I think the message that Stephenie Meyer is trying to convey is that people can get along even if they are from different worlds. Bella is a teenager who moves to a small town to live with her father. While she is there, she falls in love with a boy who has a secret. Later on in the story, Bella notices Edward has unique abilities. He is able to stop a car with his bare hands, he can read minds and he can survive without eating. Edward is a vampire, and Bella is a human. However, they manage to have a relationship despite their differences. Throughout the novel, Stephenie Meyer shows that you don’t have to be of the same race, religion or culture in order to get along.

Natalie is in grade eight. This is how she describes the novel:
“Is it safe for vampires and humans to be in love? In the novel Twilight, by Stephenie Meyer, there is one major conflict: Edward and Bella’s forbidden love. Edward Cullen, a vampire, and Bella, a human, are in love but they live in totally separate worlds. It is dangerous for Bella to be around the Cullens, especially because of Bella’s strong scent and her blood that the vampires crave. When James, Victoria and Laurent unexpectedly arrive in Forks,  becomes a target. James likes challenges and wants to kill Bella but the Cullens fight for their lives to defend her. The world of vampires is a very dangerous place, especially for humans, but Bella takes the chance just so she can be with Edward.”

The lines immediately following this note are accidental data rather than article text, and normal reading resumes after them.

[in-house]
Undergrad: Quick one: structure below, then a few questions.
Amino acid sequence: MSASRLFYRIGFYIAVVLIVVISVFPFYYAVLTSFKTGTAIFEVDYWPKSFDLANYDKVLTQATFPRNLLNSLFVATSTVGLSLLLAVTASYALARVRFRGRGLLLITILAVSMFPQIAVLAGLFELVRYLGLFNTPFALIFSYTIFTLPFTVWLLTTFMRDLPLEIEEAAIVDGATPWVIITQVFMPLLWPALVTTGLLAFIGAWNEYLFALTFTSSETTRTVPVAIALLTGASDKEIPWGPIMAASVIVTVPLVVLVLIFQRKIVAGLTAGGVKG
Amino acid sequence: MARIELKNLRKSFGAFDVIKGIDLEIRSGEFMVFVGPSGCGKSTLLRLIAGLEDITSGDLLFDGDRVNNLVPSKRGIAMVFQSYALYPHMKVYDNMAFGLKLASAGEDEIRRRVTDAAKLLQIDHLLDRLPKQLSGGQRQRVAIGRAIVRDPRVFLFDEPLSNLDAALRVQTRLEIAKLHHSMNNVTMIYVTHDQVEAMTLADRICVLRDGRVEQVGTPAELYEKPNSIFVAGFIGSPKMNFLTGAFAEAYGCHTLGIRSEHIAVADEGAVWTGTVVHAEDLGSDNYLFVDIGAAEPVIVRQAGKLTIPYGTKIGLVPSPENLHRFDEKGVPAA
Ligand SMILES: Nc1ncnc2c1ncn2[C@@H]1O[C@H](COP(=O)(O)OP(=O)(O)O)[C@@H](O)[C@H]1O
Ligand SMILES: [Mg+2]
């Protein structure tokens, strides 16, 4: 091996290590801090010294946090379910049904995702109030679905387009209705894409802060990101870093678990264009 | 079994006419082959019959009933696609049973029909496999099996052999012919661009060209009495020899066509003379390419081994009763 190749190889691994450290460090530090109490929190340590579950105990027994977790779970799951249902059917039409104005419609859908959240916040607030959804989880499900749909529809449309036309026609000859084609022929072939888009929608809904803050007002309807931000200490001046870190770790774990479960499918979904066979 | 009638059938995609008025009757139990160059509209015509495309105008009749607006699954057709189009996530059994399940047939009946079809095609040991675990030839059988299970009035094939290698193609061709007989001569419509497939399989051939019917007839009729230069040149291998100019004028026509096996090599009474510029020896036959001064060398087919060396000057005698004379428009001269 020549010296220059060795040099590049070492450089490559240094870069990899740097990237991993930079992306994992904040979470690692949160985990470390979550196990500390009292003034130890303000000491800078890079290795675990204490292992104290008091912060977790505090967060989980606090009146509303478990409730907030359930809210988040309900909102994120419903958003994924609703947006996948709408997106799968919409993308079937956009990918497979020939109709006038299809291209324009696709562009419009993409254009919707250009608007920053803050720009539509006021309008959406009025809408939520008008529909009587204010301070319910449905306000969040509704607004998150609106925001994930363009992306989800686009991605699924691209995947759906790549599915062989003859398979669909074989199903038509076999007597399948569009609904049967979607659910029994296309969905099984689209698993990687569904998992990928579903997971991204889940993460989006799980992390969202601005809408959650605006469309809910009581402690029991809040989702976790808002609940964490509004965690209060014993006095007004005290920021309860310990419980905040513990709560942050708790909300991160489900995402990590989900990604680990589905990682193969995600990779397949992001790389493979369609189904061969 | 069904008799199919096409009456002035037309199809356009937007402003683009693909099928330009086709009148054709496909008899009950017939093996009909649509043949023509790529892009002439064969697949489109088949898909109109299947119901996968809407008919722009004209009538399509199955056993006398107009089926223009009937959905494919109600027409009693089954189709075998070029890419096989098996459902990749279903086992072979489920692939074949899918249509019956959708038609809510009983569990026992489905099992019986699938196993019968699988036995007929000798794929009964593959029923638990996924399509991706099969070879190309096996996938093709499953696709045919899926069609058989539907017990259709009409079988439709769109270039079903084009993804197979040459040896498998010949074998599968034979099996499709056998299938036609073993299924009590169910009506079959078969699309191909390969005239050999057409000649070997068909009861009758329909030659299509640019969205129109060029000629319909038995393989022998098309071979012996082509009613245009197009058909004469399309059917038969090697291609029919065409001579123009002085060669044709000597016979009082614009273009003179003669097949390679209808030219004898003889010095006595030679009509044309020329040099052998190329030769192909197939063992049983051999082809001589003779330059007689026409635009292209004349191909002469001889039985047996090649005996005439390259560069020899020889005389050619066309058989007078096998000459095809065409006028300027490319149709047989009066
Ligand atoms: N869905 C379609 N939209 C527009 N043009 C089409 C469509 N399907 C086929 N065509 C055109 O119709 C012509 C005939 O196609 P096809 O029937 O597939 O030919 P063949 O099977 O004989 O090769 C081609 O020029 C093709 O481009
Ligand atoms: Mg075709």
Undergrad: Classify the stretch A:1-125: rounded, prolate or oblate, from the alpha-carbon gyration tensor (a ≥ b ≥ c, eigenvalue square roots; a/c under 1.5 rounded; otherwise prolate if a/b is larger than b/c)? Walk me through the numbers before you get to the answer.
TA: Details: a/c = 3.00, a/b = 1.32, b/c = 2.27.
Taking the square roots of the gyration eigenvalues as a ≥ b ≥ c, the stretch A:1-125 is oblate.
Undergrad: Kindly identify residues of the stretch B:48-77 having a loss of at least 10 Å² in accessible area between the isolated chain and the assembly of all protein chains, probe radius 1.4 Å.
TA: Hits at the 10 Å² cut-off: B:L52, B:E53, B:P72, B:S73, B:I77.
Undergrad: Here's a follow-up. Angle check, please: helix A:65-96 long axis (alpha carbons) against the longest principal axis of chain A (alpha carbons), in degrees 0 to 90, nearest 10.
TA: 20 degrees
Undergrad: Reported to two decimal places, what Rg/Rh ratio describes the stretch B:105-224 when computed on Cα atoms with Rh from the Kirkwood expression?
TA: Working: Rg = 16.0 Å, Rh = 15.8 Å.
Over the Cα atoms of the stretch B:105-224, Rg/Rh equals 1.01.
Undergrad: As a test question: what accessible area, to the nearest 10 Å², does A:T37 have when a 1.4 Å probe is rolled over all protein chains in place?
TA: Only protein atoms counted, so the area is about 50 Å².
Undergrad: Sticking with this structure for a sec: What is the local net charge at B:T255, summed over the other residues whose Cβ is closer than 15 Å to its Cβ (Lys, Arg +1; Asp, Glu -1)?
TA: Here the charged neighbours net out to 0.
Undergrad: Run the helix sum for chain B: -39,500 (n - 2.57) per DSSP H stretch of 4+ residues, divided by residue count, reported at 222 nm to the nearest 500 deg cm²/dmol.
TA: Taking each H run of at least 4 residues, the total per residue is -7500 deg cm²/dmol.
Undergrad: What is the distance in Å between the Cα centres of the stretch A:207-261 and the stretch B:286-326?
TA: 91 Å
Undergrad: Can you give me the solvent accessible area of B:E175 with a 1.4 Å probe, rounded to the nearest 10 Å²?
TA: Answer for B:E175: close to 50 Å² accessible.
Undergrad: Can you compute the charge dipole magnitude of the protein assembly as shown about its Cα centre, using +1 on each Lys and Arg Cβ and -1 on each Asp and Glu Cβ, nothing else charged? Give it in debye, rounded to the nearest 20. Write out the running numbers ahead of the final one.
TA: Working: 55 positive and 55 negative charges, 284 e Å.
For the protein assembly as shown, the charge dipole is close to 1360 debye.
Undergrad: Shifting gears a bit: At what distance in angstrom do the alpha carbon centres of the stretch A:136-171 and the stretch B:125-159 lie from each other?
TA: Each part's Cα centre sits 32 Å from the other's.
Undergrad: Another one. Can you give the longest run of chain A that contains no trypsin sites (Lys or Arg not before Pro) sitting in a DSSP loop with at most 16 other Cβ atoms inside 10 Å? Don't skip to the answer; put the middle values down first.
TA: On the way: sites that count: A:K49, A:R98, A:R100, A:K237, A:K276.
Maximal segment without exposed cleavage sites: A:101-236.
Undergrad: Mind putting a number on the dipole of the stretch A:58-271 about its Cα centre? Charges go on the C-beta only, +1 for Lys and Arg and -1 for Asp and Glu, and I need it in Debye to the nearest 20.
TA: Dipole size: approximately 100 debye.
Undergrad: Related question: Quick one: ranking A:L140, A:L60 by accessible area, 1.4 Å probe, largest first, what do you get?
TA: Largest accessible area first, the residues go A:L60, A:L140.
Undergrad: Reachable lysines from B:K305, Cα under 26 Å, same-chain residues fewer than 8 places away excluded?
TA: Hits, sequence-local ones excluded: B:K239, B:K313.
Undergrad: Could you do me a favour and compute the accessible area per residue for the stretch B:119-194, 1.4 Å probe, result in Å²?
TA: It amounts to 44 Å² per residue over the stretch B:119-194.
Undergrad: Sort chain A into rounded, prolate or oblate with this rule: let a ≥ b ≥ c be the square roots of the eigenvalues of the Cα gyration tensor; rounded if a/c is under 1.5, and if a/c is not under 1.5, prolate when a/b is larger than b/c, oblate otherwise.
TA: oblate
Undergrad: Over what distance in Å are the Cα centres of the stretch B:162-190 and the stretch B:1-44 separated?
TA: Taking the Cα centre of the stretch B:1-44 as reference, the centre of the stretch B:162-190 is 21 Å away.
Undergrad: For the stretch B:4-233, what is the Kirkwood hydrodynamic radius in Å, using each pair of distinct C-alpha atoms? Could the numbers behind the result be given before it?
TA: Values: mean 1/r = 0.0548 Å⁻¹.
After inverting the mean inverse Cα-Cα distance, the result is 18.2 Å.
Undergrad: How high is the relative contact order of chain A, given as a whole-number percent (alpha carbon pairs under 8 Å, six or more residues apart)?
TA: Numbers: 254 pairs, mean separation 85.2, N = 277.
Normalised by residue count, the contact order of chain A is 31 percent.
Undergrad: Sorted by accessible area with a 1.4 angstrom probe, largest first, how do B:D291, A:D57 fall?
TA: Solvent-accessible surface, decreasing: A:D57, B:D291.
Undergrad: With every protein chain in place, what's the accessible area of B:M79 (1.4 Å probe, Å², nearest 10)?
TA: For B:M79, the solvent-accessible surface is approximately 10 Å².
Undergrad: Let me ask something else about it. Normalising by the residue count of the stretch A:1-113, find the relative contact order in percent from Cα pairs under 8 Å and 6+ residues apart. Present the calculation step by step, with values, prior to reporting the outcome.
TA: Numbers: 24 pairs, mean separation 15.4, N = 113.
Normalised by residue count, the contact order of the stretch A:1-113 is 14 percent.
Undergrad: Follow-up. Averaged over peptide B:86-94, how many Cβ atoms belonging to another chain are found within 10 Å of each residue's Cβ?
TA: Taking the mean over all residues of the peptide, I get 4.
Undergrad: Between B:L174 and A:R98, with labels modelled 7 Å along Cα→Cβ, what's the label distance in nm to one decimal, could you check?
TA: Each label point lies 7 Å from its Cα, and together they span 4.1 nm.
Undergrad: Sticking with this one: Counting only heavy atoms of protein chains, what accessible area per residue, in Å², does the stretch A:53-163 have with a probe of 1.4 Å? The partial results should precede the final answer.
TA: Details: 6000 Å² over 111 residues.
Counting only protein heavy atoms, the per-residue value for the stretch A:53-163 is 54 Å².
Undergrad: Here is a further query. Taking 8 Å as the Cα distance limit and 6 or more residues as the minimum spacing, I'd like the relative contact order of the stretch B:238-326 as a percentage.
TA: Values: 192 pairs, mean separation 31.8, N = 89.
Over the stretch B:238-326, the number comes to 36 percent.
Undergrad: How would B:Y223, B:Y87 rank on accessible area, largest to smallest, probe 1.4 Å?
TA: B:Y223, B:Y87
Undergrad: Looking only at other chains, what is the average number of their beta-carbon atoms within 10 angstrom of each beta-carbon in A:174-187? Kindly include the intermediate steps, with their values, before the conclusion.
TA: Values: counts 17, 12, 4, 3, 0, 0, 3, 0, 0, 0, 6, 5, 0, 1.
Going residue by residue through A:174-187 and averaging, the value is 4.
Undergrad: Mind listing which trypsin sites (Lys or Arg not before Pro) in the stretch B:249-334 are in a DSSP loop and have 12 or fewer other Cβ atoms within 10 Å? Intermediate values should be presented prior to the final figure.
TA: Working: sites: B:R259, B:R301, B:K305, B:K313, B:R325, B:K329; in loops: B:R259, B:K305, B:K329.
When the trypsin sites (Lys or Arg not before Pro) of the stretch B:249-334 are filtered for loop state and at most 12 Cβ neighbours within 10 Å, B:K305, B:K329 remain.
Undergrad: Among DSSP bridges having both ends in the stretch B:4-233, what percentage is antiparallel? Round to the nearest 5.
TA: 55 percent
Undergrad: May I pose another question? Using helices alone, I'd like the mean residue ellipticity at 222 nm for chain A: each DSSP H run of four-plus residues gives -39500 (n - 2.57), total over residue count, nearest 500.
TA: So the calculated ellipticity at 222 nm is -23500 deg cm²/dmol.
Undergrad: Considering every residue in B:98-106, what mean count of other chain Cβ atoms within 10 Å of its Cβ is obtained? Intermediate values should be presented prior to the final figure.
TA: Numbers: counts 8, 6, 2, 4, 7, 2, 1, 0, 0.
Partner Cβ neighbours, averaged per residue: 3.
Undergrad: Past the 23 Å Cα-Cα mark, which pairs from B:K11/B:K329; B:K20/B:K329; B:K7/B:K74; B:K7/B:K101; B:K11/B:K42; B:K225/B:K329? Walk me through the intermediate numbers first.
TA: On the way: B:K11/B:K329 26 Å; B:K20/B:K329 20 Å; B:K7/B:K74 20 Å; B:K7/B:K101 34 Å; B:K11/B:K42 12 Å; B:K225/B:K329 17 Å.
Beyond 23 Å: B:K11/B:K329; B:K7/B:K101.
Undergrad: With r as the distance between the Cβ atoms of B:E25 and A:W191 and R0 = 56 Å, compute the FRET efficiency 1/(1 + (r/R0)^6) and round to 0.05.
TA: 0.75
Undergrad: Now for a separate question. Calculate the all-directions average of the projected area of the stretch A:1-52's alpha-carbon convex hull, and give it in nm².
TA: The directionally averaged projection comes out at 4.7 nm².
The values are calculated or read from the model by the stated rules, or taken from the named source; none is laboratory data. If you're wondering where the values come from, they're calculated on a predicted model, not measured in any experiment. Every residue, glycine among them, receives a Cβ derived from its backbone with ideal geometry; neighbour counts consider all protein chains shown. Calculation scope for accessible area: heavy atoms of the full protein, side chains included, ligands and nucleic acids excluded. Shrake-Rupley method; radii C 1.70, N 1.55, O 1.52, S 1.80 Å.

Rachel who is grade seven said that Twilight “is a hard book to put down. It’s, like, romantic and adventurous at the same time. And the book is, like, a thousand times better than the movie.”

Aisa in grade seven said Twilight “blends romance and fear into one great saga. It is a great book for girls who need a person to dream about. With Twilight, it just get you hooked and with all the rest, well, they are the icing on the cake.”

Adriana in grade seven said that her parents won’t allow her to read the Twilight series. She said that it’s because they are a Christian family and that they don’t read books about vampires. “There are a lot of other books that aren’t about vampires that are interesting to read, so I’d encourage kids to read more valuable life-lesson books,” she said.

Raven, another seventh grader, said that “it’s a really good series but students younger than grade six shouldn’t be allowed to read them.” She explained that her nine-year-old sister read all of the books and then had nightmares.

Andrea said that she liked “the writing structure” of the books which have “good descriptions that build up to the climax.” She noted that they are written in the voice of a teenager.

Sydney said she thought “Breaking Dawn was a good book, even though there is sex and violence . . . girls in grade seven, I think, are mature enough to read it. Also, I think the whole series is a good life experience and just fun to read.”

Luisa, in grade six, has read all the books in the series. Well, she’s just finishing Breaking Dawn now. She likes the series “because the writing makes you feel like you’re right there in the book.”

Her friend Chelsea said that there might be a bit too much sex and violence in the last book, but she added that there “isn’t really a description of it, just sort of the idea. It actually says in the fourth book that they go into the ocean and wake up in the bed. Nothing is told about what happens in between.”

Luisa and Chelsea talked more about the series. The first one, Twilight, “shows that love has no boundaries.” The second, New Moon, shows that “if someone you love, goes away, part of you goes away with them.” The third, Eclipse, “it shows how much you would go through to protect someone you love.”